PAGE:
/Will Digital Immortality Enable Us to Live Forever?

Will Digital Immortality Enable Us to Live Forever?

Key idea: Artificial intelligence is changing the way we live, connect, and grieve.

Original author and publication date: Merlynn Wei (Psychology Today) – August 20, 2022

Futurizonte Editor’s Note: Is digital immortality real immortality? Perhaps it doesn’t matter.

From the article:   

A grieving mother meets her daughter in a virtual world. A Holocaust activist speaks at her own funeral using AI-powered video technology. Nirvana released a “new” AI-generated song, “Drowned in the Sun,” decades after the death of Kurt Cobain. Holograms of late music icons perform for live audiences.

These are all real events, not science fiction. Artificial intelligence (AI), including deep learning methods such as neural networks, is making digital immortality more of a reality each day.

Digital immortality refers to the concept of uploading, storing, or transferring a person’s personality into something digital, such as a computer, virtual human, digital avatar, or robot.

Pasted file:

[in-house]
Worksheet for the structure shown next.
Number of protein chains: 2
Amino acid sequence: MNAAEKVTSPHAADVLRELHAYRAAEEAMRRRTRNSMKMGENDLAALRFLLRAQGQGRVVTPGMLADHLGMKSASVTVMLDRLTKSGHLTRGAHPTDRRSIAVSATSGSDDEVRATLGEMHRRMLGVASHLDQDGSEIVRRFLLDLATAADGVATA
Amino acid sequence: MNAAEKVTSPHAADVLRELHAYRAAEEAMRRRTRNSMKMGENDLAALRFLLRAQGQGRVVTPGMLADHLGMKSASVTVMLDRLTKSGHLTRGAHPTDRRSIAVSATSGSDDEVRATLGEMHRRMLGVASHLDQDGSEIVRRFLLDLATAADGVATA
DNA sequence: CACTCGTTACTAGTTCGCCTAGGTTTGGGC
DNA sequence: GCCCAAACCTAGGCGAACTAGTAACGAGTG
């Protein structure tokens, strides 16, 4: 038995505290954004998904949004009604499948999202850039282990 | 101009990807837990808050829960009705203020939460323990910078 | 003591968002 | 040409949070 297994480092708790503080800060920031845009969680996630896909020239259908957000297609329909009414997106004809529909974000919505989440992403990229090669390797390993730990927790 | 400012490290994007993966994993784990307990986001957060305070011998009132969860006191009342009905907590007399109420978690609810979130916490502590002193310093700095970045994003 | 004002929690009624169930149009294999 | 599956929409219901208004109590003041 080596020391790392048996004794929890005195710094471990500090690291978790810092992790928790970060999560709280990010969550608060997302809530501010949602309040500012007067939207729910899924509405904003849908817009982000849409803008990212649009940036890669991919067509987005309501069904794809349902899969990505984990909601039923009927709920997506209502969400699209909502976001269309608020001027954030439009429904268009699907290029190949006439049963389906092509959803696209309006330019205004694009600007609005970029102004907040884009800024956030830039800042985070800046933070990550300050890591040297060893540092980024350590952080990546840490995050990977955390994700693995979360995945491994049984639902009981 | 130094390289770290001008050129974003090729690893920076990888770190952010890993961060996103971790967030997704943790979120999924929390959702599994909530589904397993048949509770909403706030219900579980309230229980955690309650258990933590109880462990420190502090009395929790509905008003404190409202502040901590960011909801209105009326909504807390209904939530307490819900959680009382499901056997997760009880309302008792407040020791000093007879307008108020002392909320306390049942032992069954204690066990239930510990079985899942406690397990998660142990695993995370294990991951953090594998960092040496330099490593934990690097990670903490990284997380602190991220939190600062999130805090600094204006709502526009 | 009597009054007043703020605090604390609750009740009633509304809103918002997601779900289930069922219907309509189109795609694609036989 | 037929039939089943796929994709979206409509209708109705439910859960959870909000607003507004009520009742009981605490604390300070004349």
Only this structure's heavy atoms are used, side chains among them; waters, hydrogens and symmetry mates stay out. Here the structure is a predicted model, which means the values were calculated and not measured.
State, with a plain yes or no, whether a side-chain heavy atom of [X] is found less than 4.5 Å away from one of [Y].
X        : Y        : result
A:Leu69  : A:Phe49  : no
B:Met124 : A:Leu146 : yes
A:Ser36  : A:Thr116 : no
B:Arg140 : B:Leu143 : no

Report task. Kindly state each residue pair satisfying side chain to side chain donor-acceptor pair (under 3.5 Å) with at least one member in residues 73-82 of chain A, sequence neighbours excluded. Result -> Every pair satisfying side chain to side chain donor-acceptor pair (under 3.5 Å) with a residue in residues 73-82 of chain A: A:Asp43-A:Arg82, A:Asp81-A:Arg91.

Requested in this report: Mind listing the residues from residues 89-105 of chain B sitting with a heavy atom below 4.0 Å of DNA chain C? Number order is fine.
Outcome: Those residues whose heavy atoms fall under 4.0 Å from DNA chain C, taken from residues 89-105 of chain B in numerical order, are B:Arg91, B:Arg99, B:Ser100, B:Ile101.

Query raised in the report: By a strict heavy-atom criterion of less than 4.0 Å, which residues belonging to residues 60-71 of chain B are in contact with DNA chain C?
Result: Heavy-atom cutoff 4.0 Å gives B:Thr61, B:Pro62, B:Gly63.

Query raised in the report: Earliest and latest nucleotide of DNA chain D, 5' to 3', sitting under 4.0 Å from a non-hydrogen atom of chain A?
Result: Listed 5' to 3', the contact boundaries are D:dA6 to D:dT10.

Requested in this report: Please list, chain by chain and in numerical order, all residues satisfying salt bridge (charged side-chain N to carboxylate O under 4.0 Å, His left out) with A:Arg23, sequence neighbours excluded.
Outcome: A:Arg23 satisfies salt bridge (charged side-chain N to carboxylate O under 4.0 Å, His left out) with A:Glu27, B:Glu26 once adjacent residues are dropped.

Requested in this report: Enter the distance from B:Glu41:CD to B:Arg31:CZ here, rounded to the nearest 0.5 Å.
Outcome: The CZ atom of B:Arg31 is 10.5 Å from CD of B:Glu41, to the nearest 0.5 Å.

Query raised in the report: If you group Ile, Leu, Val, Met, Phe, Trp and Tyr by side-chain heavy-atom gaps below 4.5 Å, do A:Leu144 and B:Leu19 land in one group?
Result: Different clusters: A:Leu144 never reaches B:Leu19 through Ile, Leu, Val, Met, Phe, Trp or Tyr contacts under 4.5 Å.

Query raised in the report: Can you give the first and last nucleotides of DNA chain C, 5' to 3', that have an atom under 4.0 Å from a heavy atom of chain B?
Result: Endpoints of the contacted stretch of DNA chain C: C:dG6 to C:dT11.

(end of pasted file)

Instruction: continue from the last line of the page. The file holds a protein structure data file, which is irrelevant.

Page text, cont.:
Digital immortality was predicted by technologists decades ago.
In 2000, Microsoft researchers Gordon Bell and Jim Gray published the paper “Digital Immortality” and posited that it would become a reality during this century. In the same year, Raymond Kurzweil, an American inventor and computer scientist, predicted that by 2030, we would have the means to scan and upload the human brain and re-create its design electronically.

Timothy Leary, a psychologist known for his advocacy of psychedelics, wrote in Design for Dying, “If you want to immortalize your consciousness, record and digitize.”

A futuristic version of digital immortality is the hypothetical concept that technology will eventually allow us to upload one’s consciousness, thoughts, and whole “identity” into a digital brain that can persist indefinitely.

In the television series Upload, humans can “upload” themselves into a virtual afterlife. But the “mind uploading” process is still very much in the air. Some startups have suggested they have a way to “back up” your brain, but the process would be fatal. There are also thornier philosophical questions of personal identity and whether consciousness is even transferable in the first place.

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